Reply To: Module 2 – The Moon, the Earth and the Sun

Mary Herlihy

    I would choose activity set The Sun and shadows

    These activities from the sun resource booklet by Maeve Liston from Mary Immaculate College are ones that I would use in my classroom. I think the children would find them very engaging and enjoy them.

    Activity: The Day and Night Sky

    You will need: Pictures of the day and night sky, paper and crayons.


    1. Place different pictures of the day and night sky on display and ask the children “what

    are the differences?” between the two.

    Questions: Describe the sky during the day. Describe the sky at night. What is the

    difference between day and night?

    2. Ask them to list as many things they see in the sky at night (Moon, Stars) and during

    the day (Sun, Moon, Clouds). Get them to describe shapes, size, textures and colours

    of these objects and the sky using descriptive and comparative language for example

    light, dark, bright, shade etc. Discuss how we are never in total darkness because of the

    Moon and stars.

    3. Ask them to draw pictures of a day and night sky or make a collage of a day and

    night sky as a whole class group.


    Activity: The Sun in the Sky

    You will need: Pictures of a cloudy and sunny day (in the sunny day try to include shadows).

    1. Show them pictures of a cloudy and sunny day. Ask them to describe the sunny day.

    Ask them: do they notice anything else in the picture (shadows)? Ask them what are

    shadows, what does your shadow look like? how are they formed?

    2. There are many Videos on YouTube about Shadows for example ‘Sesame Street – My

    Furry Little Shadow.’

    3. Ask them to describe the cloudy day. Discuss: is the Sun around on a cloudy day?

    Note: Shadows are the absence of light i.e. darkness. They are black. They are not grey or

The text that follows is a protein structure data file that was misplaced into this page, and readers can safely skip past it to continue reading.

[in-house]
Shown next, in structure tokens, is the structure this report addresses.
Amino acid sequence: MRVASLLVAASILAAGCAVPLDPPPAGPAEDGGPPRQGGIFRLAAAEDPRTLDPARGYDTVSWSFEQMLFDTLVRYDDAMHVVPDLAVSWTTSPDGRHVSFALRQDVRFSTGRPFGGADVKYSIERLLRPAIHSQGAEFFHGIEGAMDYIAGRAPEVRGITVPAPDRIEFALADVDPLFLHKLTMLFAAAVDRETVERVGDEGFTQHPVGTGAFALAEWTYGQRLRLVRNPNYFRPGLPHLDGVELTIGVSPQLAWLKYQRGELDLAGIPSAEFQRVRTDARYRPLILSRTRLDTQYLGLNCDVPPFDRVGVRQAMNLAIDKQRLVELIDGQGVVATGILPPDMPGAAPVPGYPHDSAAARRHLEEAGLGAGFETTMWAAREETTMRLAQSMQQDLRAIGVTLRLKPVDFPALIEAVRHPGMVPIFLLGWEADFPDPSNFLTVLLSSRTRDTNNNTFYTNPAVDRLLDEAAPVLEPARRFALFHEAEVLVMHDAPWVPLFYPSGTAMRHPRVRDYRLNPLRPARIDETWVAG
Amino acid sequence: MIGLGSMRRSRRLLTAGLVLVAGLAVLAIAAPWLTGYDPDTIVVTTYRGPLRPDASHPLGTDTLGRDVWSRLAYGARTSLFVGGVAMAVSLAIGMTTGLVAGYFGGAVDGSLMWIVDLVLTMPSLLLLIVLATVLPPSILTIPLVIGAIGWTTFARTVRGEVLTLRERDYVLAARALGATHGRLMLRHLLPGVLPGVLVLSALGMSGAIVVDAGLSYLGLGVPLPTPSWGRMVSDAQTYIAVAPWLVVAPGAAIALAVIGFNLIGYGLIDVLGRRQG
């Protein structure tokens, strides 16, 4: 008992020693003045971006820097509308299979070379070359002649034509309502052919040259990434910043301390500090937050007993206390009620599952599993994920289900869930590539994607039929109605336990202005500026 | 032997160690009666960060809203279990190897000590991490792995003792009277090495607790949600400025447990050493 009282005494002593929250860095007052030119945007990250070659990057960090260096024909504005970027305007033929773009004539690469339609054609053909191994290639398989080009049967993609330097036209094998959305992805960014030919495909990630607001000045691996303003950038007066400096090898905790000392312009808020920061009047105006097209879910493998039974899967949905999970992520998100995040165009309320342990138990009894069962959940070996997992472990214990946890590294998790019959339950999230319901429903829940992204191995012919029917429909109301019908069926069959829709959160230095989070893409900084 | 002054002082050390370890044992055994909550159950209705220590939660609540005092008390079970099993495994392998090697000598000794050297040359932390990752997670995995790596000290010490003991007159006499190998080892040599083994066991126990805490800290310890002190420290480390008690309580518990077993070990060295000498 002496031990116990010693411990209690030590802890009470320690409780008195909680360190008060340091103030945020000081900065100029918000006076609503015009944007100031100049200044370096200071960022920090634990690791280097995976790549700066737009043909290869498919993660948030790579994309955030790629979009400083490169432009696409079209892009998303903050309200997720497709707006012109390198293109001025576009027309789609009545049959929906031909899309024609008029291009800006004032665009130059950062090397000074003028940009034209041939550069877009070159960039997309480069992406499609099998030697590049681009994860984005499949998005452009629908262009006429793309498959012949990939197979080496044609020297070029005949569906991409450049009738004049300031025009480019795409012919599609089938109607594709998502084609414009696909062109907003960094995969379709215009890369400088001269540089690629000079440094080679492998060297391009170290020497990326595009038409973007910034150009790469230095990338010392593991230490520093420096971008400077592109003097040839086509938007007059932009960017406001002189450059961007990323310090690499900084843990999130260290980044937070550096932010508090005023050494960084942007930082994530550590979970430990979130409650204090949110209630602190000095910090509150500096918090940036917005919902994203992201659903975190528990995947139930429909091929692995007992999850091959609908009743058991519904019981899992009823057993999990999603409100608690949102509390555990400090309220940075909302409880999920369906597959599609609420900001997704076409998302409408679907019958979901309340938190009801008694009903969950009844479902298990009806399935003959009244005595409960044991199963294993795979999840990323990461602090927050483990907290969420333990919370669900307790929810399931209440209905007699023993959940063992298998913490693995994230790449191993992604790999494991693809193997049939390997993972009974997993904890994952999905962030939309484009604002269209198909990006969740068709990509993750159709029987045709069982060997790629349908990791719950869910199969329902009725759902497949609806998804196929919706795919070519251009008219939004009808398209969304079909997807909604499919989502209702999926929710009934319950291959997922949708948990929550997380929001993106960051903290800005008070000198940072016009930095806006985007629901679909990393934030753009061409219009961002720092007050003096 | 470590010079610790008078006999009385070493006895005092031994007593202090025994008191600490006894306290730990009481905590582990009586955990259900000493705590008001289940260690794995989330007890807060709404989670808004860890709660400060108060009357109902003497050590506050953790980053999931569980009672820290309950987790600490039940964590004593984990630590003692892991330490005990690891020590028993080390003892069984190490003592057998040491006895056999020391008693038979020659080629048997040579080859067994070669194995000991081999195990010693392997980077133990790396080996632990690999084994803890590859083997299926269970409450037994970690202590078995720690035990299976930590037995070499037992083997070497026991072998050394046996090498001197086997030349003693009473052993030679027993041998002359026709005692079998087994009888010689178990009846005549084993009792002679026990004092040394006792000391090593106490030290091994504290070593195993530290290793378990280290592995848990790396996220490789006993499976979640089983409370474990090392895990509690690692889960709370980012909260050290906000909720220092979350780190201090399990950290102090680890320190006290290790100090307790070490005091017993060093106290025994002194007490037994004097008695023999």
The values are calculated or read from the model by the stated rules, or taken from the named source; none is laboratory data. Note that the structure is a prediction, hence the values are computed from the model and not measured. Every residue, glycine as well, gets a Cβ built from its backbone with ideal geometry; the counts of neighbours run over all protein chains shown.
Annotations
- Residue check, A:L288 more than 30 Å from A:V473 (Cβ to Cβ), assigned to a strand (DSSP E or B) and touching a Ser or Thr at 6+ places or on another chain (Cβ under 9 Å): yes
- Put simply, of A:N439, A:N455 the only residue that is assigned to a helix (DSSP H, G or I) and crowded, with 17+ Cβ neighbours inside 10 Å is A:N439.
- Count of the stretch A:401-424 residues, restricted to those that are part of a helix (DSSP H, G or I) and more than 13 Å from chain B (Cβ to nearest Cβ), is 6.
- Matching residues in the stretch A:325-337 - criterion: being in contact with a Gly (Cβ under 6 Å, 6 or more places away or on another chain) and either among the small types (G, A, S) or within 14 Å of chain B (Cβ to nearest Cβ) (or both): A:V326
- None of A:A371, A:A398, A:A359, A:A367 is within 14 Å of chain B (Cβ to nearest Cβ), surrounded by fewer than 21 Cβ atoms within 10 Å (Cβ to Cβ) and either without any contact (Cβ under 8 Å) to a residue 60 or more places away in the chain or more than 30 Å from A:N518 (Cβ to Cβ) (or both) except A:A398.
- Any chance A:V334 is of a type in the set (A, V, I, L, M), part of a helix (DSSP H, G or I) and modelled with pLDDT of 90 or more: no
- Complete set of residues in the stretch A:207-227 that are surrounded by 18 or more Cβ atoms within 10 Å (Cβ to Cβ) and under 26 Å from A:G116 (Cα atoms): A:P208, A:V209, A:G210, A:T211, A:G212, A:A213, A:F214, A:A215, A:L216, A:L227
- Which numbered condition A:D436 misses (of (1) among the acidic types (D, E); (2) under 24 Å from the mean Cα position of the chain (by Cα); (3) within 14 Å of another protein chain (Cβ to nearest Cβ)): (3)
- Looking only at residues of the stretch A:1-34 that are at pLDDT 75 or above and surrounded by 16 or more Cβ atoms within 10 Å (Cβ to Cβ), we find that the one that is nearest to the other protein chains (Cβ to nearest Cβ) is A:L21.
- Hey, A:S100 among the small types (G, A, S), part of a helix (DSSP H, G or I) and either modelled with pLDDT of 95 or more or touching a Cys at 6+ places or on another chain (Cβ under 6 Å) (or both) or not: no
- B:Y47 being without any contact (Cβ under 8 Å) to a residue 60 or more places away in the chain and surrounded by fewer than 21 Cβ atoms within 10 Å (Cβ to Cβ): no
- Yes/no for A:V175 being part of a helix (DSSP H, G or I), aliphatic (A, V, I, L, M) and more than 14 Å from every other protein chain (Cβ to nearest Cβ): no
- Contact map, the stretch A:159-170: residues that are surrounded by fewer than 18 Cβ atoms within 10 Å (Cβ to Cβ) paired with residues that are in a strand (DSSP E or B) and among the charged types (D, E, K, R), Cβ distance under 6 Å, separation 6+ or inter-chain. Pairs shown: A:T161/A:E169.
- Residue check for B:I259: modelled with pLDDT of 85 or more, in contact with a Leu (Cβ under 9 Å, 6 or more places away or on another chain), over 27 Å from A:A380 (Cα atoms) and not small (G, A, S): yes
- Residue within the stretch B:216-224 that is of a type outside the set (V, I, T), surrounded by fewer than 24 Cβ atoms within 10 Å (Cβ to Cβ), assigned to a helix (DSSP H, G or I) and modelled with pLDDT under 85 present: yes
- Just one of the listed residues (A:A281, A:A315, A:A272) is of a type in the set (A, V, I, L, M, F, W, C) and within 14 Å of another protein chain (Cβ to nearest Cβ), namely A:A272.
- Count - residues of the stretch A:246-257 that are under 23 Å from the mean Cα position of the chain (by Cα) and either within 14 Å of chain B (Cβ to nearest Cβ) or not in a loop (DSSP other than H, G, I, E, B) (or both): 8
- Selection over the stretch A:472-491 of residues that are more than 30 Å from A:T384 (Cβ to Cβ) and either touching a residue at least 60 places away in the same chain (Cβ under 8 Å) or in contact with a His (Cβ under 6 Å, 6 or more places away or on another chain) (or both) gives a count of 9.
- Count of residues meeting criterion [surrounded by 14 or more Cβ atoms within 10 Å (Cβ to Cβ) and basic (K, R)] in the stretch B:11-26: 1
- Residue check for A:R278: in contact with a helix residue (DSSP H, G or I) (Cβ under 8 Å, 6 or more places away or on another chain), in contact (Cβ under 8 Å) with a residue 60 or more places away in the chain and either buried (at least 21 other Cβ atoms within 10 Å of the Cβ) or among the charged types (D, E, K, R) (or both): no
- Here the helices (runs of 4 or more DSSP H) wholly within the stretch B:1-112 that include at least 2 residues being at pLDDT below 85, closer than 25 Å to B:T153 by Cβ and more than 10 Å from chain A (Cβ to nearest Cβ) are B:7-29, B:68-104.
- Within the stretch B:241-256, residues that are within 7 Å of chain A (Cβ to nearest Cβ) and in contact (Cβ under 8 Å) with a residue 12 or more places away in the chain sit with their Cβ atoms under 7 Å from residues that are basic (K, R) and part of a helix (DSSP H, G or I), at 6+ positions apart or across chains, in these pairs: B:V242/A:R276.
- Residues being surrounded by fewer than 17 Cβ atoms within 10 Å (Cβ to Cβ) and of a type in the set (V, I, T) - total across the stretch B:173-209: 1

any other colour that children may decide to use to draw shadows.


    Why is it darker on a cloudy day? What does the Sun give us? Is the Sun important? If we

    had no Sun in the sky would it matter?

    Discuss that the Sun gives us light and heat and why these forms of energy are important to

    support life. Discuss how you are hot on a summer’s day and cold on a winter’s day.

    What type of clothes would you wear on a hot day and on a cold day?

    1. Ask them to complete the picture of a cloudy day (might discuss the rain here) below.

    2. Ask them to complete a picture of a sunny day (discuss shadows here) below. Get them

    to draw in the Sun’s rays of light.




    Activity: Shadows in the School Yard


    • Light travels in straight lines.

    • Sunlight light does not travel through opaque objects and so casts a shadow.

    • Shadows are areas of darkness.

    You will need: Worksheets and black crayons

    1. Go outside on a sunny day.


    Why can we see today? Where did the light come from? The Sun.

    What do you think your shadows will look like? Why?

    2. Then get them to stand in a line with their back to the direction of the Sun so that they

    can see the shape of the shadow that forms on the ground in front of them.

    3. Get them to describe its shape and colour.


    Ask them why is it black or dark?

    So, what is a shadow?

    4. Trace with chalk the shadows of some pupils in the class.

    5. Ask them to describe its shape.

    What does your shadow look like?

    Is it the exact shape of the person? Why?

    When can you see your shadow best of all?

    Do you always have a shadow?

    How do you think Shadows are formed?

    Where is the light coming from?


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